With that said, it's still a toss-up.  Next time, I'll investigate the non-financial issues and advantages of both traditional and non-traditional publishing.

Monday, December 19, 2011

Publishing Quandary – Part One

Several of my friends have sent me articles about self-publishing, and until now, I have pooh-poohed their efforts, smiling and nodding, but basically ignoring them because in the past self-publishing was the equivalent of climbing the highest tower you can find and ringing the death knell for your career as an author.  It was an indicator that you couldn’t make it in the “real” publishing world, and I did not want to give that impression.  Not to anyone.
But last year, about this time, I bought a Kindle, and I never thought I would enjoy using it, because I’m an orthodox bibliophile. I love the feel and smell of books.  If you could see my living room, I wouldn’t need to tell you that buying a Kindle was like breaking a trust.  Anyway, I bought a Kindle as a lark after winning $2700 at a casino, to prove that I was more of a purist, more serious, more resolute than all those people who would seriously buy and use a Kindle. I tried hard, really, really hard to dislike my Kindle, but I couldn’t.  I do like it.  I like having space on my nightstand.  I like not having to replace my furniture, chairs and such, with more bookshelves because being able to sit is important in a living room.  In addition, I especially like the ability to read books on my Android when I’m sitting in a doctor’s office or in line at the grocery store.
Once I had the Kindle, I pulled down books, lots and lots of books. Did I mention that I’m a bibliophile?  Maybe not as orthodox as I once thought, but reading is still a spiritual act for me. The lower prices, many free, on digital books made me willing to read new authors.  Some were worth reading, some not.  Some were excellent even though I had never heard of them.  The important thing is that I hadn’t spent $25 on a book I couldn’t finish, and yes, there have been books I pulled down from Amazon that I could not finish.  Some of them are bad, just bad, but then again, just because you can self-publish, doesn’t mean you should.
Some of the books were so dreadful that I felt sad for the author.  (I have a folder called "didn't like" so that I won't waste money on those authors again because some of these books are not even worth $0.99.)  Then again, many of these self-published, minimum-priced, Kindle authors have enormous potential, and only need a class or two to refine their work, while some are lost causes.  The point I'm getting to, via an extremely circuitous route, is that these books showed me that I could, at minimum, get published and be better than many.*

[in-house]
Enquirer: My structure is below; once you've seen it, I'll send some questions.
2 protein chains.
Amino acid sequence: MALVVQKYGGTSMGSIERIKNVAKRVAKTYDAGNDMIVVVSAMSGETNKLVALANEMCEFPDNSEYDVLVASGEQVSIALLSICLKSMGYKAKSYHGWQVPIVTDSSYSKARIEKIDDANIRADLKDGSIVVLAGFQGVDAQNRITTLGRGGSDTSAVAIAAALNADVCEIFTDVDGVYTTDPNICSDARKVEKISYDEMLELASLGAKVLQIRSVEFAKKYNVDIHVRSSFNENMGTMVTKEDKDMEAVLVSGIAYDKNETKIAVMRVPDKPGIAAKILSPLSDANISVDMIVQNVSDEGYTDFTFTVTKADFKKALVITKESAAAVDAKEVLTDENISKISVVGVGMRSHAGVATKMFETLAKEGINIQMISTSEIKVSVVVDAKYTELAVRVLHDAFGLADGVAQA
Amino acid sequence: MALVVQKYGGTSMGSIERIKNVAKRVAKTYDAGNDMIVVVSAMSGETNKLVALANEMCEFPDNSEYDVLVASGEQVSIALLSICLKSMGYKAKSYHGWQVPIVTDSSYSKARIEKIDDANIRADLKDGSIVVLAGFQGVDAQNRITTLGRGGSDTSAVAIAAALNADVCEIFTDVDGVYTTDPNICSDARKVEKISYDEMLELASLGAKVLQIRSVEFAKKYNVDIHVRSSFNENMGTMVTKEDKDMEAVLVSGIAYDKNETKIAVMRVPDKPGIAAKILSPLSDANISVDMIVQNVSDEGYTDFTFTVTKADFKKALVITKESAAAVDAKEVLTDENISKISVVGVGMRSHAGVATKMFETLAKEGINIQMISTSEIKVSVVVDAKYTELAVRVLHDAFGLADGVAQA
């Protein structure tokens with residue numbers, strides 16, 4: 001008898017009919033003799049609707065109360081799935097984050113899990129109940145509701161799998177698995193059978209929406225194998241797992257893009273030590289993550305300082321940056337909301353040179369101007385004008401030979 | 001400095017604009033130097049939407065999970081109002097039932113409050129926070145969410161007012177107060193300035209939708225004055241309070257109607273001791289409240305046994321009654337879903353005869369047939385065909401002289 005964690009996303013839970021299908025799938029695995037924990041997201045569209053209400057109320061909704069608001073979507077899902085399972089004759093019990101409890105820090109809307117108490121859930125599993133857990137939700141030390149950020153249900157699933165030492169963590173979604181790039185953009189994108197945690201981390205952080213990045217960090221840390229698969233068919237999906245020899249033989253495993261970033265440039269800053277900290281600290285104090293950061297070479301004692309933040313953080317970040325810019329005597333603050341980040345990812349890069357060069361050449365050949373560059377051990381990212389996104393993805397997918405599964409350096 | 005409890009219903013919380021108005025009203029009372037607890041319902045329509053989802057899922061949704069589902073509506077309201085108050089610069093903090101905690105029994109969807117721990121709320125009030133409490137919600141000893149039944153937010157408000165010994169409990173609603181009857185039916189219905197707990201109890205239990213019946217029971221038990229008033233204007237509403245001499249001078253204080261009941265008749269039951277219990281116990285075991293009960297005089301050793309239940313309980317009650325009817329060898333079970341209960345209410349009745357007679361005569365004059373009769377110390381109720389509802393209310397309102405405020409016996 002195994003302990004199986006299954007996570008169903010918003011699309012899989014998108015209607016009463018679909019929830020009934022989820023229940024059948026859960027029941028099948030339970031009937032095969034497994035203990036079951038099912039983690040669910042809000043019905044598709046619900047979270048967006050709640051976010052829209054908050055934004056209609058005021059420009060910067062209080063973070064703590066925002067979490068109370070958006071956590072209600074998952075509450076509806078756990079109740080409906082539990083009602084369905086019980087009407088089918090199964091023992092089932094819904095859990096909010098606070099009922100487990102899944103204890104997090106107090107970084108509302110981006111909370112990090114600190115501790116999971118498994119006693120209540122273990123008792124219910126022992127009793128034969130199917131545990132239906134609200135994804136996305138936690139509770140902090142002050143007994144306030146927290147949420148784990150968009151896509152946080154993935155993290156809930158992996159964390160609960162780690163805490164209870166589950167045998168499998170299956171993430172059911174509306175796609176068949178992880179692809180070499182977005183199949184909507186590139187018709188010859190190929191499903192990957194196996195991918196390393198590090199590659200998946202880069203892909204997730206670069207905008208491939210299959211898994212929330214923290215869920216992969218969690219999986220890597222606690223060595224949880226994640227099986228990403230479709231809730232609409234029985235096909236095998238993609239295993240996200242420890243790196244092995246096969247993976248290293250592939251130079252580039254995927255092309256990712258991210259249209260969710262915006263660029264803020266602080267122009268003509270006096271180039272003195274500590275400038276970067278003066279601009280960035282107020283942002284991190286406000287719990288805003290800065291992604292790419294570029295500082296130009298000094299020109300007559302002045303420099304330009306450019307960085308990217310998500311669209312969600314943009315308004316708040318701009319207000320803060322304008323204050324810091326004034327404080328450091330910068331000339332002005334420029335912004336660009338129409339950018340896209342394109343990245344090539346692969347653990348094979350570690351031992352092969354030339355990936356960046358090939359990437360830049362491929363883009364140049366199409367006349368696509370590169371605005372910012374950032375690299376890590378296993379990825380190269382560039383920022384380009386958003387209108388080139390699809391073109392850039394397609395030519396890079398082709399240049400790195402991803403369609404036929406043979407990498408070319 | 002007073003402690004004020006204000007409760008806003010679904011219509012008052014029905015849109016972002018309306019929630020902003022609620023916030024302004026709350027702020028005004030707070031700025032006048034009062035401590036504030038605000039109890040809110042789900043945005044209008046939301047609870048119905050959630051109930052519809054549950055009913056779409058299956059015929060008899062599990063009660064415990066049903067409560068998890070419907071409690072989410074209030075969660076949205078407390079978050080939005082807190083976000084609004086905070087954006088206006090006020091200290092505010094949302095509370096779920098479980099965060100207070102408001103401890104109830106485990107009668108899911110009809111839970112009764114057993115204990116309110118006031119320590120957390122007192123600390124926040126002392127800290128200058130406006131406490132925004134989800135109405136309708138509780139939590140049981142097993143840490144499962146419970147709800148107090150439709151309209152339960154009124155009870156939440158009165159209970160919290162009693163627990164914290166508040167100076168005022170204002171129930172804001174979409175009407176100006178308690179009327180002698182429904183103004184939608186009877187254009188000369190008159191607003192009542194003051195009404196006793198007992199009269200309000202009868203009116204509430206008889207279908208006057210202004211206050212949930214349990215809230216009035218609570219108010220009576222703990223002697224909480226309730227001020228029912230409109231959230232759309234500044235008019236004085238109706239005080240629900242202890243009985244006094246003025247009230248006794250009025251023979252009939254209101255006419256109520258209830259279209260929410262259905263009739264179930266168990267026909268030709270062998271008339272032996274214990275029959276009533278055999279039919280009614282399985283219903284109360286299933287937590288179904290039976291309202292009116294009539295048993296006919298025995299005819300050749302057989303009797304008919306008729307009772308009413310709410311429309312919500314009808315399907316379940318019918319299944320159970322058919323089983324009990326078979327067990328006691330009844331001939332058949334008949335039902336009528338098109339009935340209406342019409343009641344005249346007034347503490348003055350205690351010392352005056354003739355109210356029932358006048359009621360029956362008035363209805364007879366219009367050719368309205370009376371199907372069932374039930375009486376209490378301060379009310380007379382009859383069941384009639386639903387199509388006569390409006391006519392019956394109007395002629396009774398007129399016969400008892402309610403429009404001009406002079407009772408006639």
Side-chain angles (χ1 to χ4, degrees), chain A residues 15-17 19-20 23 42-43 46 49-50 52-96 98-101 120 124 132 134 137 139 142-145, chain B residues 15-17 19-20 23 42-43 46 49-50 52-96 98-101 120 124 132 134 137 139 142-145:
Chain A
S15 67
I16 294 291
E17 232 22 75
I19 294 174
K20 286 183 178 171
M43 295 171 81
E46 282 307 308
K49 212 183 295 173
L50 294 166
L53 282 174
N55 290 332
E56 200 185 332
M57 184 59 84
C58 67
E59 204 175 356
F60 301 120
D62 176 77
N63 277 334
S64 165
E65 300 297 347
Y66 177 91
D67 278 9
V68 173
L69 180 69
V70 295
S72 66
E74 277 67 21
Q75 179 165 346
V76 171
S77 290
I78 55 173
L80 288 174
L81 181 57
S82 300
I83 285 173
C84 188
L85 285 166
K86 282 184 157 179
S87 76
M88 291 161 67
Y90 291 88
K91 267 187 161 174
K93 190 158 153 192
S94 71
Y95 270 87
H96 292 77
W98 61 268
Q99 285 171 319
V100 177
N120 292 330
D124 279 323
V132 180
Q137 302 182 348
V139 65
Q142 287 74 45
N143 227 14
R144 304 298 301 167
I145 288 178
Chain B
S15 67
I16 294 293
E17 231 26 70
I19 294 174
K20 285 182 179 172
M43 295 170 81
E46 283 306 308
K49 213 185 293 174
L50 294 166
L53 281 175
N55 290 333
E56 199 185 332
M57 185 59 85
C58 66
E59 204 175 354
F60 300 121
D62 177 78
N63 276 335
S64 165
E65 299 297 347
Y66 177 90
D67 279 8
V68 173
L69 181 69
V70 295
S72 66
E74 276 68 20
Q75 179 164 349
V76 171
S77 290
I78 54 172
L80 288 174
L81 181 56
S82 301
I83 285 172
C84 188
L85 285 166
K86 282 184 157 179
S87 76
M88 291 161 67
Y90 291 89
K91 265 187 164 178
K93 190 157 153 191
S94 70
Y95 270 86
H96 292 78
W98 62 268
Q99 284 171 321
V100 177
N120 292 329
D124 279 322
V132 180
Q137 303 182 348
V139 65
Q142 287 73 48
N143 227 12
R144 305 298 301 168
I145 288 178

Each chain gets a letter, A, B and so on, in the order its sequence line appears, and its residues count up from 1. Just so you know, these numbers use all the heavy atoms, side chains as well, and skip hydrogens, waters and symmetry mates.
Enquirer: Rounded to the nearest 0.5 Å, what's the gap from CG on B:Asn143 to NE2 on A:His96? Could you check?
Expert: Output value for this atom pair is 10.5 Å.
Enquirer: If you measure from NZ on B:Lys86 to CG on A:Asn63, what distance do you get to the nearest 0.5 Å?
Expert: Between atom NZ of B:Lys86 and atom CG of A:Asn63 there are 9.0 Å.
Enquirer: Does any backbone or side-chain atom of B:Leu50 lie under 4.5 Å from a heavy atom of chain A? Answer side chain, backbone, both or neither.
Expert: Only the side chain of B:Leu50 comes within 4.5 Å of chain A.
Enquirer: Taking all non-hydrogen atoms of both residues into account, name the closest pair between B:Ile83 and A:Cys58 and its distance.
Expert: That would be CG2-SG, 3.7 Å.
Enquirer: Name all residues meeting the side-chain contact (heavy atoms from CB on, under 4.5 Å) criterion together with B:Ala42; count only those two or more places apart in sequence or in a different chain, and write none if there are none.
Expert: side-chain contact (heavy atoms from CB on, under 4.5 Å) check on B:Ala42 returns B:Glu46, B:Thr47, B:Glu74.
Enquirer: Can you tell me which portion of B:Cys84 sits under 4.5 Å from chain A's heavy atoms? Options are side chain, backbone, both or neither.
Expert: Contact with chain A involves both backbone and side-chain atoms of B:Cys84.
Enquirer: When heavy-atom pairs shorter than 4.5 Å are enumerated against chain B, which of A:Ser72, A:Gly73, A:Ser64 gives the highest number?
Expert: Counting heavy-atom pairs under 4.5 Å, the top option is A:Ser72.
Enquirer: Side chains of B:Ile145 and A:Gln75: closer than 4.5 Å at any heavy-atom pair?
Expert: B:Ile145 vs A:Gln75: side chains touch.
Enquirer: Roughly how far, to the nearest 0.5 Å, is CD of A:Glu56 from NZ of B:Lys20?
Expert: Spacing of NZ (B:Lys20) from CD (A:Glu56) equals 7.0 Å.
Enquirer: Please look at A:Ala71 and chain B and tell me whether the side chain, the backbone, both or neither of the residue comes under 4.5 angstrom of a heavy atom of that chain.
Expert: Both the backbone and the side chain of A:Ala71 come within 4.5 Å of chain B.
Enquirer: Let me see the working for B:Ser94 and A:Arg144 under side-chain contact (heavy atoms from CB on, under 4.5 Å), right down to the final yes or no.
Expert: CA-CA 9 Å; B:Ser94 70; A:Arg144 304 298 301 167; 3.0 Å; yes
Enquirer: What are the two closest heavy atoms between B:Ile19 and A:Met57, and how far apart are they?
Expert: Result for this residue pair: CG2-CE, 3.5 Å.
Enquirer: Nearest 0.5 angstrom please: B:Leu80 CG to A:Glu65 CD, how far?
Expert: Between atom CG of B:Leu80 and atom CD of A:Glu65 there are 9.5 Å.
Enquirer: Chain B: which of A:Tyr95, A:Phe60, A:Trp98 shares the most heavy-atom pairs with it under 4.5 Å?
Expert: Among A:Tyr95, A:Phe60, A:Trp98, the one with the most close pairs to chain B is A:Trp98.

There are advantages and disadvantages to both traditional publishing and self-publishing. Those advantages and disadvantages will be the topic for my next post. 
 For now, I still have work to do tonight, work from my real job. 

*[Don’t judge my novel on what I write here.  This is just a blog, and I’m treating it as such.  I’m just talking to you as if I were talking to a friend.  I’ve been working on my novel for over five years, have a writing certificate in Literary Fiction, and so on, whereas I rarely put more than a few hours into a blog post.]

Tuesday, December 13, 2011

Spelling Faux Pas

Tonight my friend, Mike, pointed out that I had descent spelled wrong in the title of yesterday's post.  I fixed it with great haste and a bit of humility.

So, right up front, I have to confess that spelling (correct spelling, that is) is not one of my virtues. Back in what feels like a previous lifetime, when I was in my twenties, I went to engineering school, and we had a saying:  "I are an engineer, no got good english."  Well, that was one of our sayings.  We had lots.  This saying of ours raises the question of whether engineers are naturally bad spellers or whether bad spellers make good engineers. But I'm wandering from the topic.

Needless to say, this spelling problem of mine makes writing coherently difficult.  I read and re-read, and re-read again, and still I miss words like descent.  Damn that spell checker for not knowing what I meant. 

This poses a huge getting-published problem for me because from what I hear, the publishing world isn't what it used to be.  No longer does the publisher provide an editor, at least not to no-name newbies.  So my novel has to be pristine, has to be error-free, with every word spelled correctly.  Words like decent versus descent, what with my suspect spelling skills, make editing a novel a daunting, time-consuming task.   (Mike caught that one too. I had used verses instead of versus.) Both are real words. Both are in spell checker. In both cases. It's for this reason that I've farmed out the final proofing on my novel to friends like Kim and Kathleen and Dustin. At least they're my friends for now.  They may not like me so much at the end of this process.

With that said, for this blog, if spell checker doesn't catch it, I may not catch it either. I'm not trying to be flippant about it, just honest. You can understand and forgive me (maybe post a comment) or you can laugh at what an idiot I can be or you can even get annoyed and go away, but I hope you'll persevere and experience this process with me, until I get published.